Conversations with My Littles: The Bible is History

 

Conversations: The Bible is HistoryI love the conversations classically homeschooling our family has afforded. Because our core subjects are on the same topics, we are able to have conversations where everyone can join in. Today I was reading out loud to them, An Island Story, a child’s history of England originally published before 1923.  It’s one of my littles’ favorite books we read “for school” and somehow they manage to keep track of all the princes and King, nobles and knights way better than I do. Today we were reading about Richard II of Bordeaux and Wat Tyler.  Within the story, there were a few paragraphs on taxes.  It said tax collectors were “rough, rude men” and told the story of Wat the Tyler killing a tax collector which began a revolution against slavery in England. Wow. So much there. So many conversations could begin with this rich story. My mind was running a million ways, including to modern day politics and rebellions. But, my crew are still quite young. So, I asked them if they could tell me of a tax collector they knew of with a bad reputation. It took them a minute or so until one called out, “Zaccheus!” That’s right! Zaccheus was a “rough, rude man” who the people hated, but Jesus loved. As we know, the Bible is more than history,  but it is also history – a true recording of past events. Today I was able to remind my littles that the Bible is historical and the people were real.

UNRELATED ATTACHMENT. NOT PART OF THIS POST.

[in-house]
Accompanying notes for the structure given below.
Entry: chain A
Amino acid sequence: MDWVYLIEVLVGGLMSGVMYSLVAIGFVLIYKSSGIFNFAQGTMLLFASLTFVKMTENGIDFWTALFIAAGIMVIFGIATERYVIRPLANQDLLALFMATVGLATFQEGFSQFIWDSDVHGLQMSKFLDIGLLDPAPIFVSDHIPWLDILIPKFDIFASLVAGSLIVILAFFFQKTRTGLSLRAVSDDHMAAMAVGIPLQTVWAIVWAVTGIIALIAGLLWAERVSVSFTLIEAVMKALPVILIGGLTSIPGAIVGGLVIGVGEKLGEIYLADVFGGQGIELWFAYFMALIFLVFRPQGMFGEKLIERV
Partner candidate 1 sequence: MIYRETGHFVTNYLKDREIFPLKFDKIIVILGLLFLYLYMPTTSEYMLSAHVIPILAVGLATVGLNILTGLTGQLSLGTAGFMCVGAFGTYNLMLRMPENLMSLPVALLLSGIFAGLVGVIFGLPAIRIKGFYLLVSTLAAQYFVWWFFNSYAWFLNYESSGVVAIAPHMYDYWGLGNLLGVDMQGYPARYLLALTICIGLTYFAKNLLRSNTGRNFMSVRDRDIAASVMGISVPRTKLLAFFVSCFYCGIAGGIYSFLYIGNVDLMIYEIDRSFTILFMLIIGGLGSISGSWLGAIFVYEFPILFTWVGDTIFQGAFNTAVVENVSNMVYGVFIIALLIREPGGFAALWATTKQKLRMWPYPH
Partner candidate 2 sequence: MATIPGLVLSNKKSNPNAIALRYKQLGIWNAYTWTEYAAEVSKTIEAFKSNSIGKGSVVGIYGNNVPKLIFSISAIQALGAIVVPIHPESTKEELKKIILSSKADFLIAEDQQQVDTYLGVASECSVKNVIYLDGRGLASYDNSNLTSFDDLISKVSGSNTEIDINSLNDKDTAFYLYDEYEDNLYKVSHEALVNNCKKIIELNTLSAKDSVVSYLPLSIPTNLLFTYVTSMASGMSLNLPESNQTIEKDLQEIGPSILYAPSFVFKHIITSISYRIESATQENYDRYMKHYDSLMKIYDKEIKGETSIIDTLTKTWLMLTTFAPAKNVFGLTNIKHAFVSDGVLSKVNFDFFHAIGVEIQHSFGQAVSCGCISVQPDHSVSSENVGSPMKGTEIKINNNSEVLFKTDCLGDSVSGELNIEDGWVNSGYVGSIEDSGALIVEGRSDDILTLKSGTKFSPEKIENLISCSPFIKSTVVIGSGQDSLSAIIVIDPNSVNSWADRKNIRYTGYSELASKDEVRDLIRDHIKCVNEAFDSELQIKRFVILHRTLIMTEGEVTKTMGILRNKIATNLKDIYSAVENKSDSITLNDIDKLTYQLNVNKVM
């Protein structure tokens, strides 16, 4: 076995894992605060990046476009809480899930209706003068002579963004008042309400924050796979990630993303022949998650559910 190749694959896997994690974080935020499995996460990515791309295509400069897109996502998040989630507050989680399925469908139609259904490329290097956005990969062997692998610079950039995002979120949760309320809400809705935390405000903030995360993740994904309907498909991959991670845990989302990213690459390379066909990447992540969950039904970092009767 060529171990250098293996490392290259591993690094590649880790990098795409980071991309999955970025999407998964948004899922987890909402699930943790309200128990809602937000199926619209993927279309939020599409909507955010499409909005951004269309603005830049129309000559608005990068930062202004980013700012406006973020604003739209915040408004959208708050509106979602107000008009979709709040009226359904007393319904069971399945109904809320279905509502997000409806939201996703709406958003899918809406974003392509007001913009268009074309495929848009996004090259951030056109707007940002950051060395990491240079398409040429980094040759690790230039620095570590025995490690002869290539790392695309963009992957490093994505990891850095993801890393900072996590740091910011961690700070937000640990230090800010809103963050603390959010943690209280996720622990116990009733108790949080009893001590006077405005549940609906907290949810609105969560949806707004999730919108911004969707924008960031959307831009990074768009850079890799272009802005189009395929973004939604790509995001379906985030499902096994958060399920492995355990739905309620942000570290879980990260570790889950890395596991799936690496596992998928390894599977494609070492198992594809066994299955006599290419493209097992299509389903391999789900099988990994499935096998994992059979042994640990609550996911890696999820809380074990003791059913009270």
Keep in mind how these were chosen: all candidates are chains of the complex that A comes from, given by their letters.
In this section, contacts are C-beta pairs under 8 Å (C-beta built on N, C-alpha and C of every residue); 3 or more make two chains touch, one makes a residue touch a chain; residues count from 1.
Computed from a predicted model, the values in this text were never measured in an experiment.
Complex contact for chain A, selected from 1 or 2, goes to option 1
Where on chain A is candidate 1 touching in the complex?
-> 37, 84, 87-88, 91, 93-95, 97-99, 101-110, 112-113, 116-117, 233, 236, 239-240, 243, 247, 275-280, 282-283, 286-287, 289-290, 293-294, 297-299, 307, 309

While today I asked a specific question of my littles, oftentimes I keep my questions more general, like “What has happened so far in the story?” or “Who are the main characters?” Beginning to dialogue with them in this way is good practice for a few reasons.

1. Having my children narrate the story (re-tell it to me) teaches them to compose the story succinctly and in their own words. This elementary skill will eventually help them develop the higher level skills of critical thinking, public speaking, and original writing.

2. I also use narration to ensure they are comprehending (to their level) what I’m reading to them. If they haven’t, their narration clues me in to that.  And finally,

3. It teaches us how to communicate with each other through the asking and answering of questions. I fully expect a return on this investment as our conversations deepen over the next, several years.

 

 

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